More Dodd-Frank Act-related regulations "may be forthcoming," according to Federal Reserve Board Governor Daniel Tarullo, in remarks at Columbia Law School on Oct. 21, 2016. Tarullo’s speech—"Pedagogy and Scholarship in a Post-Crisis World"—was given at the Conference on the New Pedagogy of Financial Regulation.
Regulatory gaps. Tarullo told conference attendees that the financial crisis highlighted "two critical gaps" in the regulatory system: the inadequate prudential regulation of the most systemically important financial institutions (SIFIs) and the sometimes nonexistent prudential regulation of the many activities now denominated as "shadow banking."
SIFIs. Tarullo noted that the SIFI issue was at the center of some of the most notable provisions of the Dodd-Frank Act. "It seems reasonably clear," he said, "that teaching and scholarship should highlight the SIFI problem, appraise the regulatory approach toward such institutions since the crisis, and consider alternatives."
Tarullo acknowledged that an appraisal of whether more or fewer measures are needed "will be a little challenging." Some measures, including stress testing, capital requirements, and resolution planning, "are still in train," and others may be forthcoming, he added, as a result of the research program the Fed is launching to consider the potential for additional explicitly macroprudential features in capital and liquidity stress testing.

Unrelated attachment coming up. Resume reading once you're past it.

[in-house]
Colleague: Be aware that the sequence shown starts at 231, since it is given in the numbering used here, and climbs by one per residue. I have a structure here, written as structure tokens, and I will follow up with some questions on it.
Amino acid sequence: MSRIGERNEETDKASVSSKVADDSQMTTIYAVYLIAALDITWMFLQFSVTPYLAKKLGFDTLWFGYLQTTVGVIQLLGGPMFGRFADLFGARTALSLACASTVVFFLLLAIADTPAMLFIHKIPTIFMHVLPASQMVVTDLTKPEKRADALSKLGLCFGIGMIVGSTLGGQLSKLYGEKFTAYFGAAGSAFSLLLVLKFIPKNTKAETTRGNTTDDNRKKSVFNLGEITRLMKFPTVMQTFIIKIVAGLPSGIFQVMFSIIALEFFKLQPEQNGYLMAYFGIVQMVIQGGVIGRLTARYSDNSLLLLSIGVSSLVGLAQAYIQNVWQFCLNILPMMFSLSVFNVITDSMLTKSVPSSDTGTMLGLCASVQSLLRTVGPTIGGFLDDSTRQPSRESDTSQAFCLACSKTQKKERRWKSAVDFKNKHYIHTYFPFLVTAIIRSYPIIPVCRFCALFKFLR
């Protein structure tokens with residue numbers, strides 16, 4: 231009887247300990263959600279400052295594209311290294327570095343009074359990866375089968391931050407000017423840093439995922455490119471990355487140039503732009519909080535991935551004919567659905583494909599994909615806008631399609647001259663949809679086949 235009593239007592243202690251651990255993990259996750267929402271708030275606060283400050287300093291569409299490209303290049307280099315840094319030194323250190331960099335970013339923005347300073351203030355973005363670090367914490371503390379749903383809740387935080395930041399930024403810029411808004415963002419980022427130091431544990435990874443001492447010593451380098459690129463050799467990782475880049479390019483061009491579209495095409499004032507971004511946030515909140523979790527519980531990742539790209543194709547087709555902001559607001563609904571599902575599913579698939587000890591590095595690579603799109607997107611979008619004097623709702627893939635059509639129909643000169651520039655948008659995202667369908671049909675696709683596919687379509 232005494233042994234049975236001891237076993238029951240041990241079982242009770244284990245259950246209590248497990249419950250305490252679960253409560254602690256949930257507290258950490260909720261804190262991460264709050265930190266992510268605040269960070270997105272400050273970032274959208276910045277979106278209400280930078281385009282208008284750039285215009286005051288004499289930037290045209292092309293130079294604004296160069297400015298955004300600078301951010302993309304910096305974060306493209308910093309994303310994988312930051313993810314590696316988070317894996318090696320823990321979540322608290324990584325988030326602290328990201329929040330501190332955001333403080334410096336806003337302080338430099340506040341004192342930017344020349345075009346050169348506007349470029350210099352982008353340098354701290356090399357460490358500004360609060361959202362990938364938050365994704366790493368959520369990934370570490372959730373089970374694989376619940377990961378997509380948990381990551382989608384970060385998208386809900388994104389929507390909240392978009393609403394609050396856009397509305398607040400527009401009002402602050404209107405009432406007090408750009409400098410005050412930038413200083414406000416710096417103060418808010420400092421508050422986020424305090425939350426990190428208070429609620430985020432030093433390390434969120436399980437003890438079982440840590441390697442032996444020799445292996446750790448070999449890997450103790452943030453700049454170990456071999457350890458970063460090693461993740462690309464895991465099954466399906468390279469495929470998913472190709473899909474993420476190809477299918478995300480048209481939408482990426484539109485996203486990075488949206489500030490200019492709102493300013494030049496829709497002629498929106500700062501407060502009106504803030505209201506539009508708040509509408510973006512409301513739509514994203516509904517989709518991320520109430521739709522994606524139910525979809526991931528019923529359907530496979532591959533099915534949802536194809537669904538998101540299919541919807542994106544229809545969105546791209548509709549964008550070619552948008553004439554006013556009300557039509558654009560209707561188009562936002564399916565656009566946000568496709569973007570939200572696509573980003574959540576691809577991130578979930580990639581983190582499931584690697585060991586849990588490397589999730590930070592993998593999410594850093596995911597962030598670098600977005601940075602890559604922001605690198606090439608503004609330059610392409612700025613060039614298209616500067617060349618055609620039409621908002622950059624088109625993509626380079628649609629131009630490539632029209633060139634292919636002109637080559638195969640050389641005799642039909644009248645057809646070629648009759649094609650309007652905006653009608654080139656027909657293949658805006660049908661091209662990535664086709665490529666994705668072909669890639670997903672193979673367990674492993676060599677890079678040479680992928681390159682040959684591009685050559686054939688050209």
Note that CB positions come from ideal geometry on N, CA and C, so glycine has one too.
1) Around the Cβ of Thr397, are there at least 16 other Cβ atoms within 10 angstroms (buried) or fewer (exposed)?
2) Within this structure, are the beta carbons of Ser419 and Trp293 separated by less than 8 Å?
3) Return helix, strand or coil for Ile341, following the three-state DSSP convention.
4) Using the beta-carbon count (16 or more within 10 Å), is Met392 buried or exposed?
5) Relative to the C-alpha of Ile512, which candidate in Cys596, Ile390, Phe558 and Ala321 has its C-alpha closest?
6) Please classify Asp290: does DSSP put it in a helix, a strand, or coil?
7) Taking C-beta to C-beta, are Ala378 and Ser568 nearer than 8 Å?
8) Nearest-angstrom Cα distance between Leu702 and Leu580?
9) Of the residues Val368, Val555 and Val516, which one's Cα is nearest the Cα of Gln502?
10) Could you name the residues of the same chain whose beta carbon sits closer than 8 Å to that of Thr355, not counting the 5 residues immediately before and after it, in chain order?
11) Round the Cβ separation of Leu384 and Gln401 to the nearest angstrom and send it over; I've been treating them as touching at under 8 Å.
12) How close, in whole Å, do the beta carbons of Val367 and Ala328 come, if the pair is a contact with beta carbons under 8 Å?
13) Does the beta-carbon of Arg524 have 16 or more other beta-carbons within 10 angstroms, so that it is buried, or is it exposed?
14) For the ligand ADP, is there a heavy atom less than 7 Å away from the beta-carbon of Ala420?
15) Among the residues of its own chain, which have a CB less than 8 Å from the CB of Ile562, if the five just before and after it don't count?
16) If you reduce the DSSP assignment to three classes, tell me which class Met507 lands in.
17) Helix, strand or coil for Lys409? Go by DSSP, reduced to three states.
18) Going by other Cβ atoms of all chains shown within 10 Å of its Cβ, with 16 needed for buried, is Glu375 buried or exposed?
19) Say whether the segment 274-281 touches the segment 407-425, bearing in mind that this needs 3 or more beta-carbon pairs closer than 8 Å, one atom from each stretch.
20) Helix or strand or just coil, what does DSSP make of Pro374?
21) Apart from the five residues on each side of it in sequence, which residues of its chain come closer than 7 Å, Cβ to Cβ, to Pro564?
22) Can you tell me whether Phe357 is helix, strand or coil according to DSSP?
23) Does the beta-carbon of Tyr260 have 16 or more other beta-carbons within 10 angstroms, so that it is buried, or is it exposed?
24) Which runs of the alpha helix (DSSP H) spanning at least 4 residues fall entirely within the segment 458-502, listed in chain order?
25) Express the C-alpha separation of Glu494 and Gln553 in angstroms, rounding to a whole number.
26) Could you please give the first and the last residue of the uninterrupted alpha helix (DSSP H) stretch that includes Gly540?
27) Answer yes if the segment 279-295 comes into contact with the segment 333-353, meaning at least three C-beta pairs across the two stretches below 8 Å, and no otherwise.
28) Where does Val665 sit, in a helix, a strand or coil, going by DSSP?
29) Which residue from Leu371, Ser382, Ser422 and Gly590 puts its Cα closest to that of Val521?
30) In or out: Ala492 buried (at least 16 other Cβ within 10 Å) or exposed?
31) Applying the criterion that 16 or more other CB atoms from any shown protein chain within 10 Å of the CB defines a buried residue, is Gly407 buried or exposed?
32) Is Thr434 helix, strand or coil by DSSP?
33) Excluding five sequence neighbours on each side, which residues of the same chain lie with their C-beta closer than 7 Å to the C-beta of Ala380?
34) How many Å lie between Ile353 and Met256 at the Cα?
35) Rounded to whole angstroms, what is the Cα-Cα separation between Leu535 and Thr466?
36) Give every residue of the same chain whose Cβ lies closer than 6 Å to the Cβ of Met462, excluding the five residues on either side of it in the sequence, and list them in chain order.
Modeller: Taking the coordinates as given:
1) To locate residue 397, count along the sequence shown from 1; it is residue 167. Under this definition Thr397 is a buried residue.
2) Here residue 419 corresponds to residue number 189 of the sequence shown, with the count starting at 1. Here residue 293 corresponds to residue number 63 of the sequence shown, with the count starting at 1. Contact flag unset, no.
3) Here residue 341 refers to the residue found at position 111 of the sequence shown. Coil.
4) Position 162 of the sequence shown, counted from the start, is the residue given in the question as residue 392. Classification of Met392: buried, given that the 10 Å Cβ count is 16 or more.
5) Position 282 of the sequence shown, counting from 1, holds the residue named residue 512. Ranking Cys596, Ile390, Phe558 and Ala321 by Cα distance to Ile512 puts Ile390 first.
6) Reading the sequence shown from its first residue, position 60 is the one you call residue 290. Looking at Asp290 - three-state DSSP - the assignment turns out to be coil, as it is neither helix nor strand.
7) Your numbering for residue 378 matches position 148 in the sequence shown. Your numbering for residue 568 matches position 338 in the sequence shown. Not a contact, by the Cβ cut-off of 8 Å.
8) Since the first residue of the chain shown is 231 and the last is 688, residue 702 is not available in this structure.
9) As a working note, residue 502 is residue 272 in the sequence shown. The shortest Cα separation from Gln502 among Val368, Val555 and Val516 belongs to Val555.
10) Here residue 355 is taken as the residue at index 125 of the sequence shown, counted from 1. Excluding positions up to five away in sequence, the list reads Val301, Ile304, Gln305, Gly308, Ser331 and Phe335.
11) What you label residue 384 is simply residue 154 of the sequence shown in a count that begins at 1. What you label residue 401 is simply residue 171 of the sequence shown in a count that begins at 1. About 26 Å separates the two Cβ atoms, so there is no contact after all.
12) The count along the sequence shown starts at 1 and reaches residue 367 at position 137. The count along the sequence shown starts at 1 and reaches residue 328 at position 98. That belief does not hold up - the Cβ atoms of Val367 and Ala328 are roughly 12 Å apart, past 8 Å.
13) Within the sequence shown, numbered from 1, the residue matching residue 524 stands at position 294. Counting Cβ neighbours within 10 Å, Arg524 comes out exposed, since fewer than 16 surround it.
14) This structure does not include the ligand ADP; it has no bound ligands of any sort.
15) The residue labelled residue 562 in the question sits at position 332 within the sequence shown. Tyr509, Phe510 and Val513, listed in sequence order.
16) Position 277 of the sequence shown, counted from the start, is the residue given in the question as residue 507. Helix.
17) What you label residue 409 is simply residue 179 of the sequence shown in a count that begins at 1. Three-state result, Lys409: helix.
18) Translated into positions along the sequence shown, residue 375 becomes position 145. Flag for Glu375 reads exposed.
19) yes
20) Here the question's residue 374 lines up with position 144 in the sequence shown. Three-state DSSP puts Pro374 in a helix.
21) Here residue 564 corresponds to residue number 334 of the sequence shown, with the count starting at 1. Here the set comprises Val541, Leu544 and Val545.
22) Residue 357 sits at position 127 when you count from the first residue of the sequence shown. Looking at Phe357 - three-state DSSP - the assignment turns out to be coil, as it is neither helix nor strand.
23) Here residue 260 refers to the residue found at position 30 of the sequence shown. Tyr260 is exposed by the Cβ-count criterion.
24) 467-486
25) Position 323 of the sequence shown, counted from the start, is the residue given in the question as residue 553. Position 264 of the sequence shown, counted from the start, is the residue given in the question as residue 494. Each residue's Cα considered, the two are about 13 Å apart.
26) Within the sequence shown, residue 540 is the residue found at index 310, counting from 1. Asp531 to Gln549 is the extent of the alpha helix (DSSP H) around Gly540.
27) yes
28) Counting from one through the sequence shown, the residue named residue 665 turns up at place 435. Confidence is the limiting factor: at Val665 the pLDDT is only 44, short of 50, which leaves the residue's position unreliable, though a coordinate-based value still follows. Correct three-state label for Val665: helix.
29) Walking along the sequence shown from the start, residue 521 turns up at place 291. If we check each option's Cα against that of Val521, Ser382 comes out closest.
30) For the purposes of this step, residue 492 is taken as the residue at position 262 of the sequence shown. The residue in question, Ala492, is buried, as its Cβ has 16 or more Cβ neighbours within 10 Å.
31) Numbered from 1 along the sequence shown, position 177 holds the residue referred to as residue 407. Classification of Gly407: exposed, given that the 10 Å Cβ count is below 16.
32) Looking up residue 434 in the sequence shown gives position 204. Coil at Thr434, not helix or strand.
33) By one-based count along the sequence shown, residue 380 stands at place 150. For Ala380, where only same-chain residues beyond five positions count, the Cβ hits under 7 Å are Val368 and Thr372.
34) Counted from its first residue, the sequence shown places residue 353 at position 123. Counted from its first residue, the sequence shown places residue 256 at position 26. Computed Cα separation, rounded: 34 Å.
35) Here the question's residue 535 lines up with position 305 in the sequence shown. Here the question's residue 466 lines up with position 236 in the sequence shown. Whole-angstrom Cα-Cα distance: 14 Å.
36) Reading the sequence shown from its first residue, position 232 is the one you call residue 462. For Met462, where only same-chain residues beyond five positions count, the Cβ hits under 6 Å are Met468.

Shadow banking. Tarullo said the other major vulnerability revealed by the financial crisis was systemic risk that may be created through so-called shadow banking activities, which he defined as credit intermediation outside the prudentially regulated banking system. However, he noted that many shadow banking channels passed through prudentially regulated institutions, "as with the notorious structured investment vehicles and asset-backed commercial paper conduits."
According to Tarullo, changes in accounting, bank capital, and liquidity requirements have done a great deal to guard against a recurrence of such patterns in the future, though "continued monitoring will be needed to prevent the development of other forms of support that elude these regulatory measures." He said it will be essential to "disaggregate" shadow banking activities in order to regulate those that pose risks to the financial system while not unduly burdening forms of credit extension that may help meet the savings and investment needs of households and businesses.
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